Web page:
Times of Middle East

Georgia’s ex-leader Saakashvili goes on trial after starvation strike

The trial of former President Mikheil Saakashvili resumes amid a potential six-year jail time period for abuse of workplace.

Georgian police have arrested dozens of opposition supporters who rallied outdoors the courtroom the place ex-President Mikheil Saakashvili confronted trial on abuse of workplace prices which he has denounced as politically motivated.

It was Saakashvili’s first courtroom look for the reason that Caucasus nation’s high opposition chief was arrested on October 1 shortly after his return from exile. Georgia’s president throughout 2004-13, Saakashvili had refused meals for 50 days to protest his prosecution.

On Monday, Saakashvili was seen sitting in a glass field within the courtroom, in keeping with a brief cell phone video broadcast by impartial Pirveli TV station, as greater than 1,000 supporters rallied outdoors the courtroom, waving Georgian and European Union flags and chanting his title.

“I do not recognise the Prosecutor’s Office and the Georgian judiciary, I am not here to be part of a pre-written comedy,” Saakashvili mentioned earlier than the trial started, in keeping with Georgia’s IPN information company.

Police arrested a number of dozen demonstrators after they blocked visitors at a close-by avenue, pro-opposition Mtavari TV mentioned.

Saakashvili sits inside a defendant’s dock throughout a courtroom listening to in Tbilisi [Irakli Gedenidze/Pool/Reuters]

Saakashvili referred to as off the starvation strike when he was moved to a army hospital on November 20 after docs warned he might quickly die.

The Georgian authorities initially banned him from attending the trial, however later reversed the choice after the US Department of State demanded Saakashvili’s proper to a good trial be revered.

“I am not afraid of appearing before a just court and to defend my truth before the Georgian people,” Saakashvili mentioned on Facebook final week, however added that he believed there was “zero chance” that he’ll see justice “in this court”.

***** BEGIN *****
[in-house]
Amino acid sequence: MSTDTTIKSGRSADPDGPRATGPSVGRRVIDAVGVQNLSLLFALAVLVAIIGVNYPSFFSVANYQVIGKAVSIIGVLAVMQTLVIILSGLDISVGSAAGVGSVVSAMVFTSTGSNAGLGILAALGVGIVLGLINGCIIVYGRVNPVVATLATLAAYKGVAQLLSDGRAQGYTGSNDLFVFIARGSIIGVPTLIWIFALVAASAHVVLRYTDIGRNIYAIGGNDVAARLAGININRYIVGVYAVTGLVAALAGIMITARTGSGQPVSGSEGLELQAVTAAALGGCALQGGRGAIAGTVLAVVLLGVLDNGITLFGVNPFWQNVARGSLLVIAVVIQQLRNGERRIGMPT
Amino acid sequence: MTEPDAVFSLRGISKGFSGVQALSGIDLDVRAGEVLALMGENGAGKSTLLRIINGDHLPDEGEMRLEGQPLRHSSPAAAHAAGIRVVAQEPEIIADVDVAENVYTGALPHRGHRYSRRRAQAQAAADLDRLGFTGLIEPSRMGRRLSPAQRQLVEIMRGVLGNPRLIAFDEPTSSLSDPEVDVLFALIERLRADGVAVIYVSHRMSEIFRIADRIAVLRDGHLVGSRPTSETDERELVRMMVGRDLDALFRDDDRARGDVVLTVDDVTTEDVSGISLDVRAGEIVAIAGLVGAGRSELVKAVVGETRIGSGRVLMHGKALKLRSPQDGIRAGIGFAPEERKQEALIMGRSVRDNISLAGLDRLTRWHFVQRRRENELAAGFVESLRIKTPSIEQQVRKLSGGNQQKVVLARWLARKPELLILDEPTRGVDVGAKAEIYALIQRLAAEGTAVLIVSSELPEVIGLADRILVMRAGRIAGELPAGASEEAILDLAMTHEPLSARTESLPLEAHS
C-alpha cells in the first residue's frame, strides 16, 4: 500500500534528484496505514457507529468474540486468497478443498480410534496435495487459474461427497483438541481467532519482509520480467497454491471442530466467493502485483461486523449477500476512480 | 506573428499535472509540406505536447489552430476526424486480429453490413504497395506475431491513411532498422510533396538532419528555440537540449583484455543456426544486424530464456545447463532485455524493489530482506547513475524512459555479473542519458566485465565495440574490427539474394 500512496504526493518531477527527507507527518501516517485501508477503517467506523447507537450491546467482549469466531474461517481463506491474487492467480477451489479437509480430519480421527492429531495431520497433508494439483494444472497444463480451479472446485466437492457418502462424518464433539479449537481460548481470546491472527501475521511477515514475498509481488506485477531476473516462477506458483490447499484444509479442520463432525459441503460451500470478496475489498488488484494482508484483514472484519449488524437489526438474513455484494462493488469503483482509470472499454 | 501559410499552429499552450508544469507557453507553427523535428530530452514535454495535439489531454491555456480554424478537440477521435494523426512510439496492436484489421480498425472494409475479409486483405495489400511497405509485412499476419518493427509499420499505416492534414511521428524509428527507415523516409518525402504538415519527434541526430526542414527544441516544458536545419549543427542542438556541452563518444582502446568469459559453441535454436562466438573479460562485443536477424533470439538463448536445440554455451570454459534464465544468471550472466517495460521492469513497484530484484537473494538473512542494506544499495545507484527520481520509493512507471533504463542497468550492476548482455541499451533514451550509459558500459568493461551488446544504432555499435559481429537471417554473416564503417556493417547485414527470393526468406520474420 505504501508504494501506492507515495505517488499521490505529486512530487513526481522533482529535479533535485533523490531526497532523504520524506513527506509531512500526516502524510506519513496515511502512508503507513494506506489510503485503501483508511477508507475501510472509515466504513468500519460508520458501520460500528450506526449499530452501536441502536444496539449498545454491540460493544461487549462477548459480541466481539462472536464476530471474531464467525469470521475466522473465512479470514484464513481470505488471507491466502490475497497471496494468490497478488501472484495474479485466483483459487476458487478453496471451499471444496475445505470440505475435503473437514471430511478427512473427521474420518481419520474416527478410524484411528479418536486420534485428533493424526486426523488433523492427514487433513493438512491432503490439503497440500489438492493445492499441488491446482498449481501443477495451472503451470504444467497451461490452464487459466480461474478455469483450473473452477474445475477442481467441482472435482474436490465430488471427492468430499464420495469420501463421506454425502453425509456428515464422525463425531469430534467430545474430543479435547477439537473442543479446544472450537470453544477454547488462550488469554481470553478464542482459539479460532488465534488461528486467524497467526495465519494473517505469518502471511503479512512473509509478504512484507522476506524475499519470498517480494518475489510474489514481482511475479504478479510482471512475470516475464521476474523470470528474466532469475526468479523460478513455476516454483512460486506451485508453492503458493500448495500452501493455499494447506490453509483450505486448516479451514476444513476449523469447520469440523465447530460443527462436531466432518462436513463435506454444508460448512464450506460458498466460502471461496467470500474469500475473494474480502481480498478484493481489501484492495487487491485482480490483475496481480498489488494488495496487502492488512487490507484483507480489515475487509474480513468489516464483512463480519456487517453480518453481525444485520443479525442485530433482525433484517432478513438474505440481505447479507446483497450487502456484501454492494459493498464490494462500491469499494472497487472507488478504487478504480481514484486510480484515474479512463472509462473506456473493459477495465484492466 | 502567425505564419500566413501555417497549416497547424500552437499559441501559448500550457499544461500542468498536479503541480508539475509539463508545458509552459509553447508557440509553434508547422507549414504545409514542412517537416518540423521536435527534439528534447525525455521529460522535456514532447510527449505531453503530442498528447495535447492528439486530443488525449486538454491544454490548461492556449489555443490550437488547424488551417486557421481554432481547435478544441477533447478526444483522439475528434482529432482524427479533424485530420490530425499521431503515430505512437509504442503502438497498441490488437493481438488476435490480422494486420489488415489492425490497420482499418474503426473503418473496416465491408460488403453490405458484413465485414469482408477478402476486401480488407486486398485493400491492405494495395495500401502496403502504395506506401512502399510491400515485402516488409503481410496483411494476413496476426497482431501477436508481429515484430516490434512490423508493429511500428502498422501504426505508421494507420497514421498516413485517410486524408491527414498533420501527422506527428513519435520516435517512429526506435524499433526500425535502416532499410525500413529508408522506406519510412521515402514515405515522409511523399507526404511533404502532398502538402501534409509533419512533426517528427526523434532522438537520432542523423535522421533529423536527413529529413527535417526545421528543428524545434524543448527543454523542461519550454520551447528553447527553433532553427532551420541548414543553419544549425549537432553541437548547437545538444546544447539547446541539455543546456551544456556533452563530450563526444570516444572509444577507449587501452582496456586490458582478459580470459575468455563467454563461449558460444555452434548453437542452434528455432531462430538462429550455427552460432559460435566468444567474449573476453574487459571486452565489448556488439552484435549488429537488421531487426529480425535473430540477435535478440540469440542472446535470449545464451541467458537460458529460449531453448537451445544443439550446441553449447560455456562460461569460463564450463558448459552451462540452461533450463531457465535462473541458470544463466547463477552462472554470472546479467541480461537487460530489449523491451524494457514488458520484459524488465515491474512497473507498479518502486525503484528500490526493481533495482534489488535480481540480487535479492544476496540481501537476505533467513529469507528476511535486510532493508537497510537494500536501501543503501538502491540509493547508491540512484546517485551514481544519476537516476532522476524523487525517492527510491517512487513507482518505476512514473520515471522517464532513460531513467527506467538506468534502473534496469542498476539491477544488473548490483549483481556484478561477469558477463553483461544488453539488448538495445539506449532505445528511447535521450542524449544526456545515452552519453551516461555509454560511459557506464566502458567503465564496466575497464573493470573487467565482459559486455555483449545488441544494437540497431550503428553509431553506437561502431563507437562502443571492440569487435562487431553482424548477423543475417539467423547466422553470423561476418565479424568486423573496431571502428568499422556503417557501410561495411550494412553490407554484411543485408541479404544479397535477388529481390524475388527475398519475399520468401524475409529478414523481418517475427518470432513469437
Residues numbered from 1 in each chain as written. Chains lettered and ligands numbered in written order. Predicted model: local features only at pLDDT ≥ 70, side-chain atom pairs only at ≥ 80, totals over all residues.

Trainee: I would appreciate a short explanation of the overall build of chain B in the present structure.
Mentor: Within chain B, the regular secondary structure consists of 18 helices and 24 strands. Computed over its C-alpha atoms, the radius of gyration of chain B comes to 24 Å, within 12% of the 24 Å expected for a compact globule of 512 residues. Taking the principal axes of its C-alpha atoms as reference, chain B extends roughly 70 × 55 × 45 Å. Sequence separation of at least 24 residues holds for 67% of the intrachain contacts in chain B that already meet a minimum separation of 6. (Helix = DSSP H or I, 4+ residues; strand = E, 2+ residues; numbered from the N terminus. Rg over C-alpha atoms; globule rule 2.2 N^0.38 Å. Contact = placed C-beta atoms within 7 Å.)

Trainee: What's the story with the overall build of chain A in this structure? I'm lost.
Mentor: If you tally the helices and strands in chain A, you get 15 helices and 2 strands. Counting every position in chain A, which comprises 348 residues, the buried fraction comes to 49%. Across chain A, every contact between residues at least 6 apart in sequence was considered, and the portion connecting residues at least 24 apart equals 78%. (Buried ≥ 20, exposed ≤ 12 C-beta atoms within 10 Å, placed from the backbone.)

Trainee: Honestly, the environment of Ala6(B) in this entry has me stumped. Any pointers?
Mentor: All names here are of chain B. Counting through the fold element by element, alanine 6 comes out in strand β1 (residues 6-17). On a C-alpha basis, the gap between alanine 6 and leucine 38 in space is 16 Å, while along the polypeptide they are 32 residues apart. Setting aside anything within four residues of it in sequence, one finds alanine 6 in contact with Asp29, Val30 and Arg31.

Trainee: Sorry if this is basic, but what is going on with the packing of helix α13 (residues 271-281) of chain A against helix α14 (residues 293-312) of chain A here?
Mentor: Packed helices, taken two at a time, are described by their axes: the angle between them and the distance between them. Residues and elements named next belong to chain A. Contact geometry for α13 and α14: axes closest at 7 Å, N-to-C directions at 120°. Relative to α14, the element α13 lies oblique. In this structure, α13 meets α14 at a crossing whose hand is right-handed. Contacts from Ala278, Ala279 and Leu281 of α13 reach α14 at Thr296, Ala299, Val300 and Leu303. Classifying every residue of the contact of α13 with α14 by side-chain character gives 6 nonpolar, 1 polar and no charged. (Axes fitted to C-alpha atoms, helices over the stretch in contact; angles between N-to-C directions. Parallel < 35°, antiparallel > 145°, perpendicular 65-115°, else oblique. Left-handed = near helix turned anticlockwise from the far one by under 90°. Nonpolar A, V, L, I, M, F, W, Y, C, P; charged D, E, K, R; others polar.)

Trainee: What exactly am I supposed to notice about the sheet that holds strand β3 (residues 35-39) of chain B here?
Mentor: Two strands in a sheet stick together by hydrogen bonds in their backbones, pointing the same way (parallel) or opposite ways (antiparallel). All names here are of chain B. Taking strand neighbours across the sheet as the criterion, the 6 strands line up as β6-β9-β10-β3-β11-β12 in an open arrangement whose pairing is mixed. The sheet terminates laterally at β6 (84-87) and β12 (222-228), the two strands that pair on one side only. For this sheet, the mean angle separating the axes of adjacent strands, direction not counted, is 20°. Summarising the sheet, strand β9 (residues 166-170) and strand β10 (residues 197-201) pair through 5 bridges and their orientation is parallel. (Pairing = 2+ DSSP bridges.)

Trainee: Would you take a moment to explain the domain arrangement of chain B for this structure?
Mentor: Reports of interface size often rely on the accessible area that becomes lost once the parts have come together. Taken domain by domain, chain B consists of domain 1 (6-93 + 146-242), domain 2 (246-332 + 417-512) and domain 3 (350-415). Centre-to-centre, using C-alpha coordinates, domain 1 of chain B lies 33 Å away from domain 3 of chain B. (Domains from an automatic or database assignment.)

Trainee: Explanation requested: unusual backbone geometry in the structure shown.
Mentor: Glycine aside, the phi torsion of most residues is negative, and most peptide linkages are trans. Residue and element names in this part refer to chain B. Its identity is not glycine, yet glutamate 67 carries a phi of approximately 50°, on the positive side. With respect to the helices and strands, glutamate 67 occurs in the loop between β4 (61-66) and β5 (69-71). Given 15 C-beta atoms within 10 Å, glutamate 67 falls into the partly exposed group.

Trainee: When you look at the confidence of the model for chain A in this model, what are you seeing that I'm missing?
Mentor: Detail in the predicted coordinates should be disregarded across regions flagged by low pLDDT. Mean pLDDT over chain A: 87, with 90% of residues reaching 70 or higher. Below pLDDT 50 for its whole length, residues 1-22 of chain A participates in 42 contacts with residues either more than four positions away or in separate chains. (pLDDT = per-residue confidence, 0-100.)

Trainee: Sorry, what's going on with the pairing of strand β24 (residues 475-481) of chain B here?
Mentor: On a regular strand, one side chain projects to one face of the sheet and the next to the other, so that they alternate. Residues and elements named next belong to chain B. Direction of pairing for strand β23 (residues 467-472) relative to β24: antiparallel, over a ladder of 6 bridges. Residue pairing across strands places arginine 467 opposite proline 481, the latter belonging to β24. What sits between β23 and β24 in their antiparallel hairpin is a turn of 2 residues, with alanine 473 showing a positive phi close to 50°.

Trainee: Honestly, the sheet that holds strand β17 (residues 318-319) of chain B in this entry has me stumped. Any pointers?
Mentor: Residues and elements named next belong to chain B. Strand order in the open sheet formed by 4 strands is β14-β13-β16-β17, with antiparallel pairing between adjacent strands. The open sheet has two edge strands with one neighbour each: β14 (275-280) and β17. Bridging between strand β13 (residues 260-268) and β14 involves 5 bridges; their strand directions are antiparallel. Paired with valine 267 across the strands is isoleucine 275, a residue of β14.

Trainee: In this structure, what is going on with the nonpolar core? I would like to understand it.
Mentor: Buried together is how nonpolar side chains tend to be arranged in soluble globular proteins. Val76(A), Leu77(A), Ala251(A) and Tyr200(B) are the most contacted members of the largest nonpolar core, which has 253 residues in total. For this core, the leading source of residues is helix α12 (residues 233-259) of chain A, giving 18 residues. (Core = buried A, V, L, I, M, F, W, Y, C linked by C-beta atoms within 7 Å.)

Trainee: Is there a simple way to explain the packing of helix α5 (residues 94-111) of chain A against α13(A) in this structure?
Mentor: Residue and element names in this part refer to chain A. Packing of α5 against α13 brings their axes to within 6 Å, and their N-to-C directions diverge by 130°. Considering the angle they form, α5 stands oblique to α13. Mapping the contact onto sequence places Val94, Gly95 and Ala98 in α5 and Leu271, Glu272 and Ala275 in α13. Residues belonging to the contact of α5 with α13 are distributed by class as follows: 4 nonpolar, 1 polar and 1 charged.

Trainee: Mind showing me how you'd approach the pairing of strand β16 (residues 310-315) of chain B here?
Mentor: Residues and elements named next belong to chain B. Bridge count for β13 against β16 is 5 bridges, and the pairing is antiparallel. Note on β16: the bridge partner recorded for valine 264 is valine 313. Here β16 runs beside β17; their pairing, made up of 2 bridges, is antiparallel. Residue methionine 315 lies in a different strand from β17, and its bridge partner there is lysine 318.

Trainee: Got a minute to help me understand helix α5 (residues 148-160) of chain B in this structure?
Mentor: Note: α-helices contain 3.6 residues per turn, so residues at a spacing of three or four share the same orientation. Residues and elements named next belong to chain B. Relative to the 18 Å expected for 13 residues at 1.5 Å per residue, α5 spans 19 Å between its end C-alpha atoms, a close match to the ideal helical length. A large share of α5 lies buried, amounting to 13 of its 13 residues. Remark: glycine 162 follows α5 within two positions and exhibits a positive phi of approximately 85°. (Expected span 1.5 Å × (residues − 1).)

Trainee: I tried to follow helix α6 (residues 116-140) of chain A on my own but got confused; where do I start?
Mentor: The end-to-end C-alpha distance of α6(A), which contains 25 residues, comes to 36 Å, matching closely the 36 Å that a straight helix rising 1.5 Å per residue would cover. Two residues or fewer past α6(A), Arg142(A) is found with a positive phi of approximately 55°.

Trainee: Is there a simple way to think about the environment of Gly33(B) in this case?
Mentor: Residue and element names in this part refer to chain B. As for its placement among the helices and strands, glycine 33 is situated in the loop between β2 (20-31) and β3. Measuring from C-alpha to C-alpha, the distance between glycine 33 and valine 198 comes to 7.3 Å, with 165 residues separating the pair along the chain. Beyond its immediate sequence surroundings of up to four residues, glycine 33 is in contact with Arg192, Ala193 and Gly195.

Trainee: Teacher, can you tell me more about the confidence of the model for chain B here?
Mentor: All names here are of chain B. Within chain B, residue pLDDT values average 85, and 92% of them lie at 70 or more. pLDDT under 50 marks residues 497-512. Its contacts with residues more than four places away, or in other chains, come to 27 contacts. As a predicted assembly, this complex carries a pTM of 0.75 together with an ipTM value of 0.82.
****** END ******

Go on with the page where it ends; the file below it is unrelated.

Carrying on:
In 2018, Saakashvili was sentenced in absentia to 6 years in jail on two counts of abuse of workplace and is going through two extra trials on comparable prices.

He has insisted all the fees in opposition to him are politically motivated.

Monday’s trial issues Saakashvili’s alleged function in a violent police crackdown on an opposition protest in 2007.

People collect outdoors a courtroom constructing earlier than Monday’s listening to [Irakli Gedenidze/Reuters]

Saakashvili on the time admitted that police used extreme drive in opposition to protesters, resigned and referred to as snap presidential polls, which he subsequently gained.

His lawyer Dito Sadzaglishvili advised the AFP information company that Saakashvili “had no role whatsoever in ordering and planning the police operation”.

“Prosecutors have failed to present any evidence of Saakashvili’s wrongdoing.”

‘An extraordinary tale’

Al Jazeera’s Robin Forestier-Walker, reporting from Tbilisi, mentioned the background of the trial was “really quite an extraordinary tale”.

“Mikheil Saakashvili was in exile for eight years, having left the country after he handed over the reins of power to the current administration. They then went after him and charged him with all of these charges while he was in exile,” he mentioned.

“But suddenly he turned up in Georgia, smuggled himself into the country on the eve of local elections on October 1. He was promptly arrested and then for the past six weeks went on hunger strike. It was a huge controversy on how to treat Mikheil Saakashvili.”

Forestier-Walker added that an “independent panel of doctors said he had to be moved to a hospital. He was getting sicker and sicker because of his hunger strike. Finally, the government relented after the European Court of Human Rights intervened.”

“He is now being treated in a military hospital, he ended his hunger strike and here we are today finally with him making an appearance in court,” he concluded.

Amnesty International has condemned Saakashvili’s remedy and branded it “not just selective justice but apparent political revenge”.

Critics have accused the Georgian authorities of utilizing prison prosecutions to punish political opponents and journalists.


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